1680 Per Brahe

1680 Per Brahe, provisional designation 1942 CH, is a bright background asteroid from the central region of the asteroid belt, approximately 14 kilometers (9 miles) in diameter. It was discovered on 12 February 1942, by Finnish astronomer Liisi Oterma at Turku Observatory in Southwest Finland.[1] The stony S-type asteroid has a rotation period of 3.4 hours.[4] It is named after Swedish count and governor Per Brahe the Younger.[3]

1680 Per Brahe
Discovered byL. Oterma
Discovery siteTurku Obs.
Discovery date12 February 1942
(1680) Per Brahe
Named after
Per Brahe the Younger
(Count and Governor)[3]
1942 CH · 1934 PP
1937 AA · 1937 AY
1938 JA · 1943 PC
1949 XL · 1952 OG
1953 VD1 · 1960 FF
A902 JA
main-belt · (middle)[4]
Orbital characteristics[2]
Epoch 27 April 2019 (JD 2458600.5)
Uncertainty parameter 0
Observation arc117.28 yr (42,838 d)
Aphelion3.2227 AU
Perihelion2.2278 AU
2.7252 AU
4.50 yr (1,643 d)
0° 13m 8.76s / day
Physical characteristics
Mean diameter
13.960±0.125 km[6]
14.20±0.8 km[7]
14.848±0.130 km[8]
15.45±1.32 km[9]
18.29±0.70 km[10]
3.426±0.002 h[11]
3.428±0.002 h[4]
SMASS = S[2][4]

Orbit and classificationEdit

The S-type asteroid is a non-family asteroid of the main belt's background population.[5] It orbits the Sun in the central main-belt at a distance of 2.2–3.2 AU once every 4 years and 6 months (1,643 days; semi-major axis of 2.73 AU). Its orbit has an eccentricity of 0.18 and an inclination of 4° with respect to the ecliptic.[2] Per Brahe was first identified as A902 JA at Heidelberg Observatory in 1902, extending the asteroid's observation arc by 40 years prior to its official discovery observation.[1]


This minor planet was named for Swedish count Per Brahe (1602–1680), who was Governor General of Finland in the 17th century. His prosperous legacy saw the establishment of Academia Aboensis, the first university in Finland, the construction of various new towns and many schools, and the publication of the first Finnish Bible.[3] The official naming citation was published by the Minor Planet Center on 1 April 1980 (M.P.C. 5280).[12]

Physical characteristicsEdit


In December 2012, two rotational lightcurves of Per Brahe were obtained by American astronomers Robert Stephens and Brian Warner. They gave a well-defined rotation period of 3.426 and 3.428 hours with a brightness variation of 0.13 and 0.017 magnitude, respectively (U=3/3).[4][11] Previously, lightcurves obtained by Laurent Bernasconi and René Roy in 2005 and 2006, gave a similar period of 3.444 and 3.44 hours, respectively.(U=2/1+).[13]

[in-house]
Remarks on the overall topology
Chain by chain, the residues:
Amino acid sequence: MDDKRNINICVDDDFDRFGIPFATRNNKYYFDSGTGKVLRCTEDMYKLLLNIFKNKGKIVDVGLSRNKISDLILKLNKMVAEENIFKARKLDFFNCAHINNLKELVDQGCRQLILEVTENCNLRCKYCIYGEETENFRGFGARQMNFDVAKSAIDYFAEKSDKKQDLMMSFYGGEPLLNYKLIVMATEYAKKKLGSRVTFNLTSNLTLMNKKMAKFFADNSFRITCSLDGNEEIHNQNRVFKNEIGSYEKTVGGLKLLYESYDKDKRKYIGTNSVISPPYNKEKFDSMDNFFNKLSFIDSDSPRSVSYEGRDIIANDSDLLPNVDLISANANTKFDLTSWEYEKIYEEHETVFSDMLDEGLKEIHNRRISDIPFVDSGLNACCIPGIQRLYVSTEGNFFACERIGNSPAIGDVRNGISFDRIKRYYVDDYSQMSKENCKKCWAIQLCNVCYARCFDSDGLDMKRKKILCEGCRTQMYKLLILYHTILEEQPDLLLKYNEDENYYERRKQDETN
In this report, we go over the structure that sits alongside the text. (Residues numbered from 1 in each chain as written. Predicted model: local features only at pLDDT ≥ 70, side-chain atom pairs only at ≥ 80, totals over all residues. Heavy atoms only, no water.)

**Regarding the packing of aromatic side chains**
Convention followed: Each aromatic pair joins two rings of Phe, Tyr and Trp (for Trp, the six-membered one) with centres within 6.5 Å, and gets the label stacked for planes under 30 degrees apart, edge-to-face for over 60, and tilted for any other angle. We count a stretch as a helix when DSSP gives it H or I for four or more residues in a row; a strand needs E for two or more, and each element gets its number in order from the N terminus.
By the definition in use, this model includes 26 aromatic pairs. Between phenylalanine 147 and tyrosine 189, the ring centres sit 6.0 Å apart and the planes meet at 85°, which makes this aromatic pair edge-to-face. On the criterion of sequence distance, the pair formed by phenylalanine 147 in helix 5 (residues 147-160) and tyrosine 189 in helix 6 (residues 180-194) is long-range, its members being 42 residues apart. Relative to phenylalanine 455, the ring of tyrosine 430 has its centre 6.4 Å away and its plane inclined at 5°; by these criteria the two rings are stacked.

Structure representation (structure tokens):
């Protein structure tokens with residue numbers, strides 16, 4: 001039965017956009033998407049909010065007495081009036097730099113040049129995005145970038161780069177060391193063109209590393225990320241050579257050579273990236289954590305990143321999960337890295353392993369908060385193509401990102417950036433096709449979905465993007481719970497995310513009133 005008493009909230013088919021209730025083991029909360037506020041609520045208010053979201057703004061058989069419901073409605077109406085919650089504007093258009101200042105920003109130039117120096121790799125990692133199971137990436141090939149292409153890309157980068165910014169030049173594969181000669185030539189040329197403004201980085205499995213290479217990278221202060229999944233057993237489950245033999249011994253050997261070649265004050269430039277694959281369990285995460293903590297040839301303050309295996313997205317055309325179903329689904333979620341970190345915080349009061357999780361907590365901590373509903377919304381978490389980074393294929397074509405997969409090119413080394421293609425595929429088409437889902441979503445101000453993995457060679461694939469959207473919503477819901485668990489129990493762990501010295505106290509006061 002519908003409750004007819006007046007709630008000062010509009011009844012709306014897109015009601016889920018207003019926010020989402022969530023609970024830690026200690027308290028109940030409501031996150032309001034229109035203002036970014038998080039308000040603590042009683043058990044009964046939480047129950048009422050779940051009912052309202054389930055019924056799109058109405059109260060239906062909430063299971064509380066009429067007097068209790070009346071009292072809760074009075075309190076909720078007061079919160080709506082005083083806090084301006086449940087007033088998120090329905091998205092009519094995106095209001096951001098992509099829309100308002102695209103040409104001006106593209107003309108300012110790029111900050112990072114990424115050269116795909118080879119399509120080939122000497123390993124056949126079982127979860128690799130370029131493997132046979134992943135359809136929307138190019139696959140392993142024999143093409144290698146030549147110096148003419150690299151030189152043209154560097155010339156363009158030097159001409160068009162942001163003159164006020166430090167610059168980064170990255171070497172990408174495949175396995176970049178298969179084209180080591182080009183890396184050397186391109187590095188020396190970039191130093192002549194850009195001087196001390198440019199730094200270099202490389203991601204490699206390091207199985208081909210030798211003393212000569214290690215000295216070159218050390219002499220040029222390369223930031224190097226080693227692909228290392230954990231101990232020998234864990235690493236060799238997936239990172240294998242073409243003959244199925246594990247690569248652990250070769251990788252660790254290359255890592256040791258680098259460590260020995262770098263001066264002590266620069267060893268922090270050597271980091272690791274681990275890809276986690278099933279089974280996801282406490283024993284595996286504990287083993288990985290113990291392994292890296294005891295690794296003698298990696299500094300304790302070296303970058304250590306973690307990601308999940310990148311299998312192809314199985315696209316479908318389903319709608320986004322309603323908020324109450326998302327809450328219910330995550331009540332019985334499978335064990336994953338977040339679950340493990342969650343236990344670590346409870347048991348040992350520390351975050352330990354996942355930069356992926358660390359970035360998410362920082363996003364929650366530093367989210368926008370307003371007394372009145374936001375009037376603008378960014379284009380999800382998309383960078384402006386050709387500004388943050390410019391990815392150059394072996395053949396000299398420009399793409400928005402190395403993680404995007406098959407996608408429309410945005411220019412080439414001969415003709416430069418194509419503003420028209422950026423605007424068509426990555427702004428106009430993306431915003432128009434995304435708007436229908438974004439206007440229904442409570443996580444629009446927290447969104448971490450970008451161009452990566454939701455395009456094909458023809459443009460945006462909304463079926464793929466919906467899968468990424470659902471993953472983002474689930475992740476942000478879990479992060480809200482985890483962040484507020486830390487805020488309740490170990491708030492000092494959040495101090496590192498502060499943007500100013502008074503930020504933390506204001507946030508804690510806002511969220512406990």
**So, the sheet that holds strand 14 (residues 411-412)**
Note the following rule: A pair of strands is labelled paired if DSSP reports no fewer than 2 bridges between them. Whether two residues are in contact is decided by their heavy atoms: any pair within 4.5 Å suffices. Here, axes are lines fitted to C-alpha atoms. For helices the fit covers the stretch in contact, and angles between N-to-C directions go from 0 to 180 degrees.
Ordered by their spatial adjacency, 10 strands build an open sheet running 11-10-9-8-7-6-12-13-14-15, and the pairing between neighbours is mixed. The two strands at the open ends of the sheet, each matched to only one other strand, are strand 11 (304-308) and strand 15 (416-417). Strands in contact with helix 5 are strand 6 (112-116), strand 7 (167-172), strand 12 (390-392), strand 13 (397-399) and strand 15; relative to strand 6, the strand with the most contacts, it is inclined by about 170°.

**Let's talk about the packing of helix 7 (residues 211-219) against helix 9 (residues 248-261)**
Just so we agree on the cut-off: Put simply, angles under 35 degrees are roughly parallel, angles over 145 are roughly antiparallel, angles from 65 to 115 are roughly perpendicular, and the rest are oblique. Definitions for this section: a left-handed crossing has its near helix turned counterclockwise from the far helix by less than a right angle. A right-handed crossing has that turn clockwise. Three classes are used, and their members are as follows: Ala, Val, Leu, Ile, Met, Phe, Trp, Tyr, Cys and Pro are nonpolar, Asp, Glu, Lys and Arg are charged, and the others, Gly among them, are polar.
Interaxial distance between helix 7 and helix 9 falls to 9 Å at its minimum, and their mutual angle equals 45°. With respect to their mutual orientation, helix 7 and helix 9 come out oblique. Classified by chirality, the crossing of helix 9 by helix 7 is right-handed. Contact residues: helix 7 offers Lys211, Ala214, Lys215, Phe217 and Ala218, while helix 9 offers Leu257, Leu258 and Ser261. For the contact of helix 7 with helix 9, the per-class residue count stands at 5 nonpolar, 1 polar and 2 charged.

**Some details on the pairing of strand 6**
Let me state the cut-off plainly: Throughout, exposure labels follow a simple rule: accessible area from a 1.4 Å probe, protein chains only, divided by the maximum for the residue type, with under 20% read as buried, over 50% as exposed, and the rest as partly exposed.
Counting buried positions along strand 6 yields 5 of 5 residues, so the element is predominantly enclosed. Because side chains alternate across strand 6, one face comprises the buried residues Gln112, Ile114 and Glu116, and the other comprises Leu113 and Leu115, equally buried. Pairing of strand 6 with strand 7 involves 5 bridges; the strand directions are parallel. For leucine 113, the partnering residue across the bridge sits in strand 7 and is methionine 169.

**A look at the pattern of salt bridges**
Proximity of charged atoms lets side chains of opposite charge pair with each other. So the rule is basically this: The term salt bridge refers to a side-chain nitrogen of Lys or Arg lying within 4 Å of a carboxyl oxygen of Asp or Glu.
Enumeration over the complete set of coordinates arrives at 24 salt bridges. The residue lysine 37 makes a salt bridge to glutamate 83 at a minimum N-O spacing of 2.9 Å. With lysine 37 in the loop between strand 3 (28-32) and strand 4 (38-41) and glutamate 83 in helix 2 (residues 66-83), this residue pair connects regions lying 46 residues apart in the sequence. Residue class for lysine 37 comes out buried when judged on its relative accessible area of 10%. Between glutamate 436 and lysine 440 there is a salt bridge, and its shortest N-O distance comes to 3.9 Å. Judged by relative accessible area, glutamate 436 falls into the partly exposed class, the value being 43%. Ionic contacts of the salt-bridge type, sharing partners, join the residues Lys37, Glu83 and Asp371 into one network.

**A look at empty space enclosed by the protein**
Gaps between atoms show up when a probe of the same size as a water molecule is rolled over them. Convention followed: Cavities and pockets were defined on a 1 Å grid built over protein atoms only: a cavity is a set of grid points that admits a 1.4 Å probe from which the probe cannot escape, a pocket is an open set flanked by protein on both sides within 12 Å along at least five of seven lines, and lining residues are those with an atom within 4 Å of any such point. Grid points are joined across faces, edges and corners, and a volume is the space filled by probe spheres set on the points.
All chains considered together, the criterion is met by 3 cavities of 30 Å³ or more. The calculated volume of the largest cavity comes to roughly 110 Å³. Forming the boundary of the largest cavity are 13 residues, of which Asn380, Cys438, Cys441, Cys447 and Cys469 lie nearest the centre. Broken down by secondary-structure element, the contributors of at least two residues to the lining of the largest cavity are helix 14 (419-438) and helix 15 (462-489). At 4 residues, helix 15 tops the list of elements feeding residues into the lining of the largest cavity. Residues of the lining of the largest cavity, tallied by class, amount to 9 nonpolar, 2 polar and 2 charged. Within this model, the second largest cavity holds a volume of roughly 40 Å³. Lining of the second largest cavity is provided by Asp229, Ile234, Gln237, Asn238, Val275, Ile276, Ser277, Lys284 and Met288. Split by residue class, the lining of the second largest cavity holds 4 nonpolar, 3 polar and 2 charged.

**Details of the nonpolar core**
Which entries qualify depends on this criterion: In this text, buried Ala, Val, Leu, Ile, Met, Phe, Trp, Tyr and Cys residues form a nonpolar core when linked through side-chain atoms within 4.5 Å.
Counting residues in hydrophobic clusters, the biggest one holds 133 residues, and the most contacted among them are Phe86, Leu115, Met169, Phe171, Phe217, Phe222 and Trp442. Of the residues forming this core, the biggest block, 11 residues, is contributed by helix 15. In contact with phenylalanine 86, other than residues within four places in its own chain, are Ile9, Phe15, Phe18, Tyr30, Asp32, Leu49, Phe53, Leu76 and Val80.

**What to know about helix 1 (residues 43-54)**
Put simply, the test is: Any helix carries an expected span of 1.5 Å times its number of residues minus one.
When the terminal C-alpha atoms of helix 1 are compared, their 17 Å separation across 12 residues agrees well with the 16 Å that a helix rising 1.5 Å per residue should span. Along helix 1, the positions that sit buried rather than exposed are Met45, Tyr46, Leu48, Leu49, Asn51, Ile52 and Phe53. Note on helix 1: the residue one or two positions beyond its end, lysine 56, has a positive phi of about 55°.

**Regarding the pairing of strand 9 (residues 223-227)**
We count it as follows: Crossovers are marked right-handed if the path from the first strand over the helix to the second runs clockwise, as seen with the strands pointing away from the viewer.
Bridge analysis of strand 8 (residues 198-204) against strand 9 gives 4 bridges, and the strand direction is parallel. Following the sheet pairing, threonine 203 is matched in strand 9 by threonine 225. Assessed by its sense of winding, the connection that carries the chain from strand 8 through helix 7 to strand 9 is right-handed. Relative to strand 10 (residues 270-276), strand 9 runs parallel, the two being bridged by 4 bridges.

Diameter and albedoEdit

According to the surveys carried out by the Infrared Astronomical Satellite IRAS, the Japanese Akari satellite, and NASA's Wide-field Infrared Survey Explorer with its subsequent NEOWISE mission, Per Brahe measures between 13.96 and 18.29 kilometers in diameter, and its surface has an albedo between 0.178 and 0.300.[6][7][8][9][10] The Collaborative Asteroid Lightcurve Link derives a higher albedo of 0.341 and a diameter of 14.36 kilometers with an absolute magnitude of 11.0.[4]


  1. ^ a b c d "1680 Per Brahe (1942 CH)". Minor Planet Center. Retrieved 5 November 2019.
  2. ^ a b c d e "JPL Small-Body Database Browser: 1680 Per Brahe (1942 CH)" (2019-08-20 last obs.). Jet Propulsion Laboratory. Retrieved 5 November 2019.
  3. ^ a b c Schmadel, Lutz D. (2007). "(1680) per Brahe". Dictionary of Minor Planet Names – (1680) Per Brahe. Springer Berlin Heidelberg. p. 133. doi:10.1007/978-3-540-29925-7_1681. ISBN 978-3-540-00238-3.
  4. ^ a b c d e f g "LCDB Data for (1680) Per Brahe". Asteroid Lightcurve Database (LCDB). Retrieved 23 December 2016.
  5. ^ a b "Asteroid 1680 Per Brahe – Proper Elements". AstDyS-2, Asteroids – Dynamic Site. Retrieved 5 November 2019.
  6. ^ a b c Masiero, Joseph R.; Grav, T.; Mainzer, A. K.; Nugent, C. R.; Bauer, J. M.; Stevenson, R.; et al. (August 2014). "Main-belt Asteroids with WISE/NEOWISE: Near-infrared Albedos". The Astrophysical Journal. 791 (2): 11. arXiv:1406.6645. Bibcode:2014ApJ...791..121M. doi:10.1088/0004-637X/791/2/121.
  7. ^ a b c d Tedesco, E. F.; Noah, P. V.; Noah, M.; Price, S. D. (October 2004). "IRAS Minor Planet Survey V6.0". NASA Planetary Data System. 12: IRAS-A-FPA-3-RDR-IMPS-V6.0. Bibcode:2004PDSS...12.....T.
  8. ^ a b c d Mainzer, A.; Grav, T.; Masiero, J.; Hand, E.; Bauer, J.; Tholen, D.; et al. (November 2011). "NEOWISE Studies of Spectrophotometrically Classified Asteroids: Preliminary Results". The Astrophysical Journal. 741 (2): 25. arXiv:1109.6407. Bibcode:2011ApJ...741...90M. doi:10.1088/0004-637X/741/2/90.
  9. ^ a b c d Masiero, Joseph R.; Mainzer, A. K.; Grav, T.; Bauer, J. M.; Cutri, R. M.; Nugent, C.; et al. (November 2012). "Preliminary Analysis of WISE/NEOWISE 3-Band Cryogenic and Post-cryogenic Observations of Main Belt Asteroids". The Astrophysical Journal Letters. 759 (1): 5. arXiv:1209.5794. Bibcode:2012ApJ...759L...8M. doi:10.1088/2041-8205/759/1/L8.
  10. ^ a b c d Usui, Fumihiko; Kuroda, Daisuke; Müller, Thomas G.; Hasegawa, Sunao; Ishiguro, Masateru; Ootsubo, Takafumi; et al. (October 2011). "Asteroid Catalog Using Akari: AKARI/IRC Mid-Infrared Asteroid Survey". Publications of the Astronomical Society of Japan. 63 (5): 1117–1138. Bibcode:2011PASJ...63.1117U. doi:10.1093/pasj/63.5.1117. (online, AcuA catalog p. 153)
  11. ^ a b Stephens, Robert D.; Warner, Brian D. (April 2013). "Lightcurves for 110 Lydia and 1680 Per Brahe". The Minor Planet Bulletin. 40 (2): 93–94. Bibcode:2013MPBu...40...93S. ISSN 1052-8091.
  12. ^ "MPC/MPO/MPS Archive". Minor Planet Center. Retrieved 23 December 2016.
  13. ^ Behrend, Raoul. "Asteroids and comets rotation curves – (1680) Per Brahe". Geneva Observatory. Retrieved 23 December 2016.

External linksEdit